Free-floating’ body seeks formal relationship with council

Published May 7, 2009

Kingston, Jamaica

The Compass Rose Society, an international body which seeks to support the ministry of the Archbishop of Canterbury and the Anglican Communion is seeking “a more formal relationship” with the Anglican Consultative Council, its president told the council on May 6.

Currently, the Compass Rose Society is “a free-floating body with no group to which it connects and no accountability,” said its president, Canadian Bishop Philip Poole, in an address at the ACC meeting here. “I would like to ask whether we can have a more formal relationship so that the Compass Rose Society can continue for generations to come.”

There have been misconceptions that the Compass Rose Society is merely “an administrative bureaucracy” that doles out money to Anglican bodies, said Bishop Poole, who is also a suffragan (assistant) bishop in the diocese of Toronto (York-Credit Valley). “We’re much more than a source of money for meetings,” he said, adding that the Compass Rose Society was “taking responsibility” for the image that it projects and was doing something to change it.

“Much of the value of our work is on focusing relationships with fellow Anglicans,” said Bishop Poole. He quoted Archbishop Robin Eames, the former primate (senior bishop) of the Church of Ireland, who said that the Compass Rose Society “seeks to bring people together and build bridges” and is composed of Anglicans who are prayerfully and apostolically committed to the cause of Anglicanism.

Bishop Poole, who was appointed president of the society in 2004, said that “we’re not unaware of the challenges in the Anglican Communion today, but that is not our focus; we want to build new relationships.” He was referring to current divisions among Anglicans over the thorny issue of human sexuality.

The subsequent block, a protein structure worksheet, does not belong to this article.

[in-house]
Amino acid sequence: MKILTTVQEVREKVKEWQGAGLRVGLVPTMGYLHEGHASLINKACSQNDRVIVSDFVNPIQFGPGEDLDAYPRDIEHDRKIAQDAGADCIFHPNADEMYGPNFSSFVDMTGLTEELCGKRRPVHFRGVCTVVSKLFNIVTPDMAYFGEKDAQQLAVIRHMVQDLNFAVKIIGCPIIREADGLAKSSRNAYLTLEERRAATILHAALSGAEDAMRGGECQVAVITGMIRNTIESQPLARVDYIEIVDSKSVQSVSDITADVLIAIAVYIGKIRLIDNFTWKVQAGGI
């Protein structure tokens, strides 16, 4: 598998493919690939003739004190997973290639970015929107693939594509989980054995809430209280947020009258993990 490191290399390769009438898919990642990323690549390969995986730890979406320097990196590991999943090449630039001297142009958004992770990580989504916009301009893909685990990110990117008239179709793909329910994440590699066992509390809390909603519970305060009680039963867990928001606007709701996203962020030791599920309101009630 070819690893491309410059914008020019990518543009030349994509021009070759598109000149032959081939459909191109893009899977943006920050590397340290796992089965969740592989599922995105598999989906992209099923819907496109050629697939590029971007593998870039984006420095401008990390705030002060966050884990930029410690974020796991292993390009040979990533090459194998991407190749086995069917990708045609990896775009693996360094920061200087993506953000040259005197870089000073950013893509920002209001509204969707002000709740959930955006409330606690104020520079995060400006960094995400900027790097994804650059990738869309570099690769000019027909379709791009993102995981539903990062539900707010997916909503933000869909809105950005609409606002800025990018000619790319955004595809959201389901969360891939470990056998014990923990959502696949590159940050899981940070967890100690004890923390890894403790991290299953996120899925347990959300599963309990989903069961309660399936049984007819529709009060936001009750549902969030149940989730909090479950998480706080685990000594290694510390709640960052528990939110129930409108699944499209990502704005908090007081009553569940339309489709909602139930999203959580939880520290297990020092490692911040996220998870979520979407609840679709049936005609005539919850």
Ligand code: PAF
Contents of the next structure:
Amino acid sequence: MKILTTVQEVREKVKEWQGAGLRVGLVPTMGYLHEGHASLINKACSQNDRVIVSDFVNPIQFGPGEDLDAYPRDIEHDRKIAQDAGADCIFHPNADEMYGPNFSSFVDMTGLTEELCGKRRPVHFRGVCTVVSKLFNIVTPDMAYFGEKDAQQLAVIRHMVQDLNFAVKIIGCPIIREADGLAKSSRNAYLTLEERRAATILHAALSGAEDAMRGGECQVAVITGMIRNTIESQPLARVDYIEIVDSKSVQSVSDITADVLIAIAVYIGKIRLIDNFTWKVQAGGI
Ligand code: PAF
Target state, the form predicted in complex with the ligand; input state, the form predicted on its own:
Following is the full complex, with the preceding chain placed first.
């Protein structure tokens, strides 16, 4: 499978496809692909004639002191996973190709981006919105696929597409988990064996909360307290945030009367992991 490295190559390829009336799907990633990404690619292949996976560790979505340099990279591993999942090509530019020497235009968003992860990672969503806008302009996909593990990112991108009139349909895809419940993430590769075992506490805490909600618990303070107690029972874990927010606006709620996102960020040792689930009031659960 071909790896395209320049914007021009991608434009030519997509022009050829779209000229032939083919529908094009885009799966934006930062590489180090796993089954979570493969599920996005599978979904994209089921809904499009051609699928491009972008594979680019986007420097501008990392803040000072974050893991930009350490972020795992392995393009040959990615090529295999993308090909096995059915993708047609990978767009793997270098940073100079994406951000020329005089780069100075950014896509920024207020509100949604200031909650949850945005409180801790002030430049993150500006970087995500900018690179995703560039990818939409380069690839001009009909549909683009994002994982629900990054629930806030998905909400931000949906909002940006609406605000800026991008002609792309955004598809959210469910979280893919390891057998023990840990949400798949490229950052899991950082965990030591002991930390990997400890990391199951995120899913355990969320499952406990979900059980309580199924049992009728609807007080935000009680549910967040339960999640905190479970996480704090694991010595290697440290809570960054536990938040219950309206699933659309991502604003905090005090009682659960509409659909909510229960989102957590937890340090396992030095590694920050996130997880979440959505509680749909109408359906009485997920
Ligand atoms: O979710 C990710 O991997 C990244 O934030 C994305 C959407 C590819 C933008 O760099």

The society, which was established to provide financial support for the work of the worldwide Anglican Communion, was inspired by a 1994 visit that then-Archbishop of Canterbury George Carey made to the war-ravaged province of the Sudan. Bishop Poole said Archbishop Carey had been “touched at the very deep level” about the sufferings of the Sudanese people and the committed response of the local churches there. “He wanted to know, what can we do to tell their story?” Thus, the Compass Rose Society was born, with the hope that it could help “shine light” on various situations across the Communion so that “awareness could be converted to prayer and prayer to action,” said Bishop Poole.

Bishop Poole said the society currently has 250 members from 10 different member provinces, including the Anglican Church of Canada.

He said its current plans include a visit to the diocese of Southern Malawi, whose bishop, James Tenga Tenga has extended an invitation.

Bishop Poole said that he is also in conversation with the bishop of the diocese of the Arctic, Andrew Atagotaaluk, about what kind of relationship the Compass Rose Society can have with the mostly Inuit Anglican churches there. “That’s a part of my country which is dealing with issues of poverty, drug and alcohol abuse, and the highest rate of teenage suicide in the country,’ said Bishop Poole.

In asking for the ACC’s support, Bishop Poole said, “It needs to be said that our most important relationship is with you. We need your help so that we’re not just a line item in your financial statement.” The Compass Rose Society currently contributes $100,000 US ($117,000 Cdn) annually through member contributions to the ACC to support its communication efforts and is hoping to raise $25 million US ($29 million Cdn) for an endowment that will secure funding for programs of the Anglican Communion.


Keep on reading

Skip to content